Renfrew's Record (Alva, Okla.), Vol. 12, No. 52, Ed. 1 Friday, November 7, 1913 Page: 3 of 8
The following text was automatically extracted from the image on this page using optical character recognition software:
RENFREW'S RECORD, ALVA, OKI A, FRIDAY, NOVEMBER 7, 1913.
M. E. DEGROAT, M. D.
Have you any Eye, Eur, Nose or
TUroat trouble? 1 am a regular
graduated physician. Was In gen-
eral practice 15 years, but have
conflued my practice lor several
years to special work. 1 do nothing
else. DON’T go to a jewelry store,
or an optician to have your eyes ex-
amined and tested for glasses, when
you have a competent OCULIST
iocated in Alva for over four years.
The most important thing about get-
ting glasses is to have them fitted
right. This requires the use of the
opthalmoscope and retlnascope in
the dark room. Many times you do
mot need glasses, but treatment.
Do you think the jeweler and opti-
cian can tell you what is wrong with
your eyes? Consult an oculist who
must be a REGULAR PHYSICIAN.
If you have Catarrh, see me about
M. E. DeGROAT, M. D.
■ Consultation free. Office over old
Postofflce. Hours 9 a.m. to 12, and
2 to 6 p. m. Sunday’s by appoint-
• WE PAY CASH
■» Poultry, Eggs and Rutter,
•.. Come In and get our prices
before going elsewhere.
• Correct counts and weights
• J. P. REED.
"• PURE FOOD BAKERY.
•• Win. Ackerle, Prop.
•• The fUr8t-class Bakery of
- Alva. Corner of Fifth Street
* and Barnes Avenue.
PEOPLE’S CLEANING AND
Mrs. Ed L. Shidler, Prop.
704 Barnes Ave. Alva, Okla.
• DR. O. R. GREGG.
'* Homeopathic Physician, Surgeon,
• Office Monfort Bldg.
• Res. 911 Locust St.
• Long Standing Chronic Disease*
• a Specialty. •
• T. 3. WOMACK,
* Office Over First National Bank
• G. N. BILBY,
* Physician and Surgeon.
* Office Phone 59. Res. phone 81
• ALVA, OKLA.
* DR. J A. TOWNSEND,
* Office over Owl Drug Store
* Office phone 166. Res. Phone 222
• Office Phone 202. Res. Phone 3.
• A. W. CLARKE.
• Work Guaranteed. Gas admln-
• Office over First Nat’l Bank. .
- DR. AMEND,
• THE SANITARY DENTIST
• Monfort Building. Work Guar-
" Phones: Office 408. Res. 350.
• W. D. ANDERSON.
• Practice In State Supreme and
■* all other Courts. Over Woods
"» C®. Union Bank. Office phone
• 556. Residence phone 364.
• W. G. BESSEY.
- Office In Emma Huston Building
- ALVA, OKLA.
.1. II. Morgan L. A. Walton
MORGAN & WALTON,
I,onus, Real Estate
Rooms 10 and 11, Green Bldg
Northwest Corner of Square
Phone 51. Alva, Oklahoma.
MISTOOK POWDER FOR BEER
T0D0 MADE AWFUL BLUNDER
Didn’t Know Woman Wearing ‘‘Out-
rageous Get-Up” Was Wife of
Friend He Was Talking To.
It happened In the park one Sunday
morning. Todd and Edgeley were sit-
ting there together, discussing, need-
less to say, the eternal and feminine
“Yes,” said Todd, "I quite agree
with you: the way women dress now-
adays Is positively absurd.”
“It's worse than that,” added Edge-
ley, “What’s more, In nine cases out
of ten, their men folk are to blame.”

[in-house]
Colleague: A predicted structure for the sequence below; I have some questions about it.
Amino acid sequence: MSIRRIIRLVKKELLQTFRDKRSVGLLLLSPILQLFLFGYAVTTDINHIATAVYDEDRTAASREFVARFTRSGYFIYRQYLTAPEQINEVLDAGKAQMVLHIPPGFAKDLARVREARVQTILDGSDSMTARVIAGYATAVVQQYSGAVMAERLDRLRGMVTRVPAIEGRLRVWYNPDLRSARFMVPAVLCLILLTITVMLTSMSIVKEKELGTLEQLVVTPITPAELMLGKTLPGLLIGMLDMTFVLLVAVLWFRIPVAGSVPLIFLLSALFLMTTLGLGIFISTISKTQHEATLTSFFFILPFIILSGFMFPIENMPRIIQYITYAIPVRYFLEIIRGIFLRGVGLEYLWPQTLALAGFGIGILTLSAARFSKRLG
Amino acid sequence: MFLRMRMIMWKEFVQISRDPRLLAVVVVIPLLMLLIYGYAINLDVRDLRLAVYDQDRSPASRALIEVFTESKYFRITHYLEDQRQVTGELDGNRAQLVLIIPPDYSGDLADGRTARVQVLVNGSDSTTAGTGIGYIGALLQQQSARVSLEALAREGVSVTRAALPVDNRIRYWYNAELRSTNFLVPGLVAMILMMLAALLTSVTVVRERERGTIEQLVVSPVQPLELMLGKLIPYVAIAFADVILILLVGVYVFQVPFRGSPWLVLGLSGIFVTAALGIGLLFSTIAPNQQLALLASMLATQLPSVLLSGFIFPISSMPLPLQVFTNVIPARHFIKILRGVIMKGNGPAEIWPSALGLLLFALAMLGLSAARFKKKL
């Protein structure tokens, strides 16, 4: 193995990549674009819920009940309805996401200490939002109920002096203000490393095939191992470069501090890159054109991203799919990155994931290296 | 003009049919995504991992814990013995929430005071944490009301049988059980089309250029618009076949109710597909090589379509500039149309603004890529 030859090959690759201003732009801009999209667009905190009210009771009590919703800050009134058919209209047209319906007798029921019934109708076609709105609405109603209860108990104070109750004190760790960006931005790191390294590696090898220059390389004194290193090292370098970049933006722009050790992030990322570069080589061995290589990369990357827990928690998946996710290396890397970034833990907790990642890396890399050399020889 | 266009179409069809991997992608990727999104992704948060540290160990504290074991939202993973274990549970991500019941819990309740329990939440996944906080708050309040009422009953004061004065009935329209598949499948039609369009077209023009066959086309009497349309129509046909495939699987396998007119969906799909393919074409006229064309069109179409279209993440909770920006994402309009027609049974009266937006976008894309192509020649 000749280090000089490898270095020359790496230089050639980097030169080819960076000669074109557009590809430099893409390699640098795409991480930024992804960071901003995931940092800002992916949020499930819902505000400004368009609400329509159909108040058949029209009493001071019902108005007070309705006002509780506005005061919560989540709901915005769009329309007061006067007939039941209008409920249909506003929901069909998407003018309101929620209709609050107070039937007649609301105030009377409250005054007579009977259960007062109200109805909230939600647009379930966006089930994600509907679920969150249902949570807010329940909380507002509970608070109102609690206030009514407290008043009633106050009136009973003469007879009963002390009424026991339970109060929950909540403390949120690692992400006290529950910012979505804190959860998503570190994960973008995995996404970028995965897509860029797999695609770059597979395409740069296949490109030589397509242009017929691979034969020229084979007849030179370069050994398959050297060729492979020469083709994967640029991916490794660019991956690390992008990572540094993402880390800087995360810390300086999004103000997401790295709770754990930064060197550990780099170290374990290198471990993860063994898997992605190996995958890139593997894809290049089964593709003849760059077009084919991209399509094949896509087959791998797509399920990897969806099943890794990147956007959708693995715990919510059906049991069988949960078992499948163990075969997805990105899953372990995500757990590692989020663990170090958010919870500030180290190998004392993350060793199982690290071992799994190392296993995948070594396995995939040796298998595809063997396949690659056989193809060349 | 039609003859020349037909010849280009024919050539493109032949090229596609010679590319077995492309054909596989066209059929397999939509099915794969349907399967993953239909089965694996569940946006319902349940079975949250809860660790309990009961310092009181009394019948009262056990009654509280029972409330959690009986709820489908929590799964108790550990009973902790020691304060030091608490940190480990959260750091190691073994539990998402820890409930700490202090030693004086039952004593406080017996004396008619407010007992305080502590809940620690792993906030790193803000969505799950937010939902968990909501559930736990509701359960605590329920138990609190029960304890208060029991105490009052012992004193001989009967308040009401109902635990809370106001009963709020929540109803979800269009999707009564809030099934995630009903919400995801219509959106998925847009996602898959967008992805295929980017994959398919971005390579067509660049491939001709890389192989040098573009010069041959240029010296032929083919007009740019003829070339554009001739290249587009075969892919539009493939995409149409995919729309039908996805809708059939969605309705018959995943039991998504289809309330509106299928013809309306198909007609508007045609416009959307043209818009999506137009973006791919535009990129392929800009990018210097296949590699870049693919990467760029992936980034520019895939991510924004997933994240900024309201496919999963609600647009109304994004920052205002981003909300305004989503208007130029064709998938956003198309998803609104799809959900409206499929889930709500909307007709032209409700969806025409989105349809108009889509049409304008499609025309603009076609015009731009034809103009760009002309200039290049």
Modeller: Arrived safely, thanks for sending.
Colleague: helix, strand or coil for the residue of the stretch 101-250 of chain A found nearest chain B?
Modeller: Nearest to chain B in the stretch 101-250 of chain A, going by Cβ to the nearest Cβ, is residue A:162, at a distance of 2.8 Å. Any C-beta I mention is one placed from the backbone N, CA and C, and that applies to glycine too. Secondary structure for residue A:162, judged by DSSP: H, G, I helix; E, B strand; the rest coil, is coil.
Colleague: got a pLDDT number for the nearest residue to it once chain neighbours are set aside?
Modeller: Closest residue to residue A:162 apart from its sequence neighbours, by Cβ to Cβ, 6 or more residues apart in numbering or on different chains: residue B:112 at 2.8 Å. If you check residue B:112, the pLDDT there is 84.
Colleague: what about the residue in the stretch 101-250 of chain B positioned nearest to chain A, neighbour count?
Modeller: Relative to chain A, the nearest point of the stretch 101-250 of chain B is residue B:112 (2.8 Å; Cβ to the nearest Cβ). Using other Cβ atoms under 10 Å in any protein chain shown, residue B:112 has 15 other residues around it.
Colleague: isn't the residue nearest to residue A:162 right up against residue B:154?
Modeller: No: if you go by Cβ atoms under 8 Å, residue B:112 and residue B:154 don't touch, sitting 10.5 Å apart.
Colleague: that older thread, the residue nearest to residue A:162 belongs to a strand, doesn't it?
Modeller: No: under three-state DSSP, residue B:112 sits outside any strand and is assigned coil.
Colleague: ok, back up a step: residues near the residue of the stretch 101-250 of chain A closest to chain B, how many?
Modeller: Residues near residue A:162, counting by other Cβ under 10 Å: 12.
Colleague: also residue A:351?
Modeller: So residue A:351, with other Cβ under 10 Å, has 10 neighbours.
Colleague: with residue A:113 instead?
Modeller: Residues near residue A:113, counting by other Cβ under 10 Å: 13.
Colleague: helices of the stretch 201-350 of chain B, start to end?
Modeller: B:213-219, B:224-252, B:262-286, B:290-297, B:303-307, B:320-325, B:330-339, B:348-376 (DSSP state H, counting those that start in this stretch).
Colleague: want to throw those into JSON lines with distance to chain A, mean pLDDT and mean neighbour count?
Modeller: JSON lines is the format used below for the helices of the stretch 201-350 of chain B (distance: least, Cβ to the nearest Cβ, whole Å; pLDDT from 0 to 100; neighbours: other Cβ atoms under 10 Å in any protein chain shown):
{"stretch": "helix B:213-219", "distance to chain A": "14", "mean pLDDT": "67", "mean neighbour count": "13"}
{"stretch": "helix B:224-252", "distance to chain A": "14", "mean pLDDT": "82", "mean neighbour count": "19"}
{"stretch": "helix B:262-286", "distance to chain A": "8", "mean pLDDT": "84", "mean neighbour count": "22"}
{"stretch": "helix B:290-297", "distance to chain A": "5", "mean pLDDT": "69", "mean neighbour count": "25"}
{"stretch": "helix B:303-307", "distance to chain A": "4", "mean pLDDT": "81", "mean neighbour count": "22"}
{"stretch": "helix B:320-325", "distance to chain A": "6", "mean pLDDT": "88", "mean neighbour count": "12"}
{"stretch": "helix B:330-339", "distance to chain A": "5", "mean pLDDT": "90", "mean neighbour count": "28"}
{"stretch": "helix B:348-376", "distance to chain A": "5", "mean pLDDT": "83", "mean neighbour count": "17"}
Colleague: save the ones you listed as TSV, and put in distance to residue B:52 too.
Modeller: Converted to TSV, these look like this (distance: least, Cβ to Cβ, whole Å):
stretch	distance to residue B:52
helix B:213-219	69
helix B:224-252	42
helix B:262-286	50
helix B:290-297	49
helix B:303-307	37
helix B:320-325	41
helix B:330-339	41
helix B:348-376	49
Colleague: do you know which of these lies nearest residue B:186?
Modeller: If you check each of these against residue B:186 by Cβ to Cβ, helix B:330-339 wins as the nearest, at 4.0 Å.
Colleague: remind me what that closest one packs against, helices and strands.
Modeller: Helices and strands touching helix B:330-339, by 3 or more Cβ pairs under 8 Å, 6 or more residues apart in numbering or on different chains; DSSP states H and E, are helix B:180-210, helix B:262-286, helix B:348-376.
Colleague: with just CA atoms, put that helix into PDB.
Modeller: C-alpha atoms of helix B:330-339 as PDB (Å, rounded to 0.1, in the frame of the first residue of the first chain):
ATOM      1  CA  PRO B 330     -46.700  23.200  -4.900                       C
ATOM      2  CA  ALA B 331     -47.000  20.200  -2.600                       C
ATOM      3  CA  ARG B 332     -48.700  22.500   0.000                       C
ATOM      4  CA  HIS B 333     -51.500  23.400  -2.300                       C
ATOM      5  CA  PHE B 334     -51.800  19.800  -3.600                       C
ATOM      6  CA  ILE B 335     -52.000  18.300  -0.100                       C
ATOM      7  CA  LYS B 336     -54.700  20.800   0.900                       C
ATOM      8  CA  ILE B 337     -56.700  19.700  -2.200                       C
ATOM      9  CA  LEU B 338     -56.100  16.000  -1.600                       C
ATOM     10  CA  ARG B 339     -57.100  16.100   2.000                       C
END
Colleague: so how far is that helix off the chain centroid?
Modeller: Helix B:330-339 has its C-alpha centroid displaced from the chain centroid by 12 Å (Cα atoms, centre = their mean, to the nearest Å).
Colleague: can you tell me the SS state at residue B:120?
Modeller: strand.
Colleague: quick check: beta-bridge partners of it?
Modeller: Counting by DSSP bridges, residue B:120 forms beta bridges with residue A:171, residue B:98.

“I suppose that Is so,” he remarked.
"Yes. Look at that woman coming
toward us now. I’ll bet you anything
you like that her husband tells her she
looks positively charming when she
goes out In that outrageous get-up.
just because he hasn’t the pluck to
say the truth, to laugh at her, to—”
But Todd had risen to his feet; and,
hat in hand, a happy smile upon his
face, was awaiting the lady thus re-
ferred to. The lady was Edgeley's
Unconscious Bravery Exhibited by
Tramp Who Extinguished Fire Ap-
proaching Giant Explosive.
It wasn't a safe thing to store 20 j
kegs of explosives under the residence j
of the superintendent, but it was the
only safe nnd convenient place In that
wilderness where the railroad con-
struction gang was blasting its way
through a mountain.
A tramp came by. and paused be-
fore the cellar’s open hatchway, into
! which autumn leaves and various
; combustible litter was blowing.
Carefully he lighted a two-inch
j stump, and carelessly he threw down
the still blazing match. Almost ln-
j stantly a tongue of flame darted up.
and then another and another, un..l
j a fierce fire was being sucked into
The tramp turned. He saw the
angry flames leaping towards the
kegs, and he knew it was his work,
but he did not run. Tearing his tat-
tered coat from bis back, be sprang
to the rescue.
With an energy truly remarkable In
a person of such apparent placidity,
he beat and smothered the fierce blaze
to death, not conquering until the
staves of the kegs were actually
Burned and weary, he leaned against
a keg, until the superintendent, at-
tracted by the unusual noise below,
came running in. He took in the situ-
ation at a glance, then grasped the
tramp's blistered hand.
“My good man,” he exclaimed, "you
have saveci my entire family and my-
self from total destruction by your
I bravery. Name your reward. Those
kegs contain giant powder.”
‘‘Oh, lor',” said the (ramp digust-
edly, “I thought It was beer.”
(By E. O. SELLERS, Director of Evening
Department, The Moody Bible Institute.
LESSON FOR NOVEMBER 9.
Snyder & Tyree
“A naturalist contributes an article
to a magazine in which he writes a
highly colored description of how on
one occasion the wild denizens of the
jungle came down to a river’s shore to
“I suppose he was lying some-
“Yes, and 1 rather suspect he was
lying when he wrote his magazine ar-
A Modest Man.
An Irishman was walking along the
bank of a river, when he heard a man,
in the middle of the stream cry out
for help. He paid no attention to
the man's cries.
“Help! Help! I can’t swim!” came
the voice again, and the Irishman
scornfully shouted back:
“Well, shut up. 1 can't swim either,
but, begorra. I don’t go 'round brag-
ging about It.”
HAD FORGOTTEN SOMETHING
An absent-minded farmer drove to
town with his wife, and on their ar-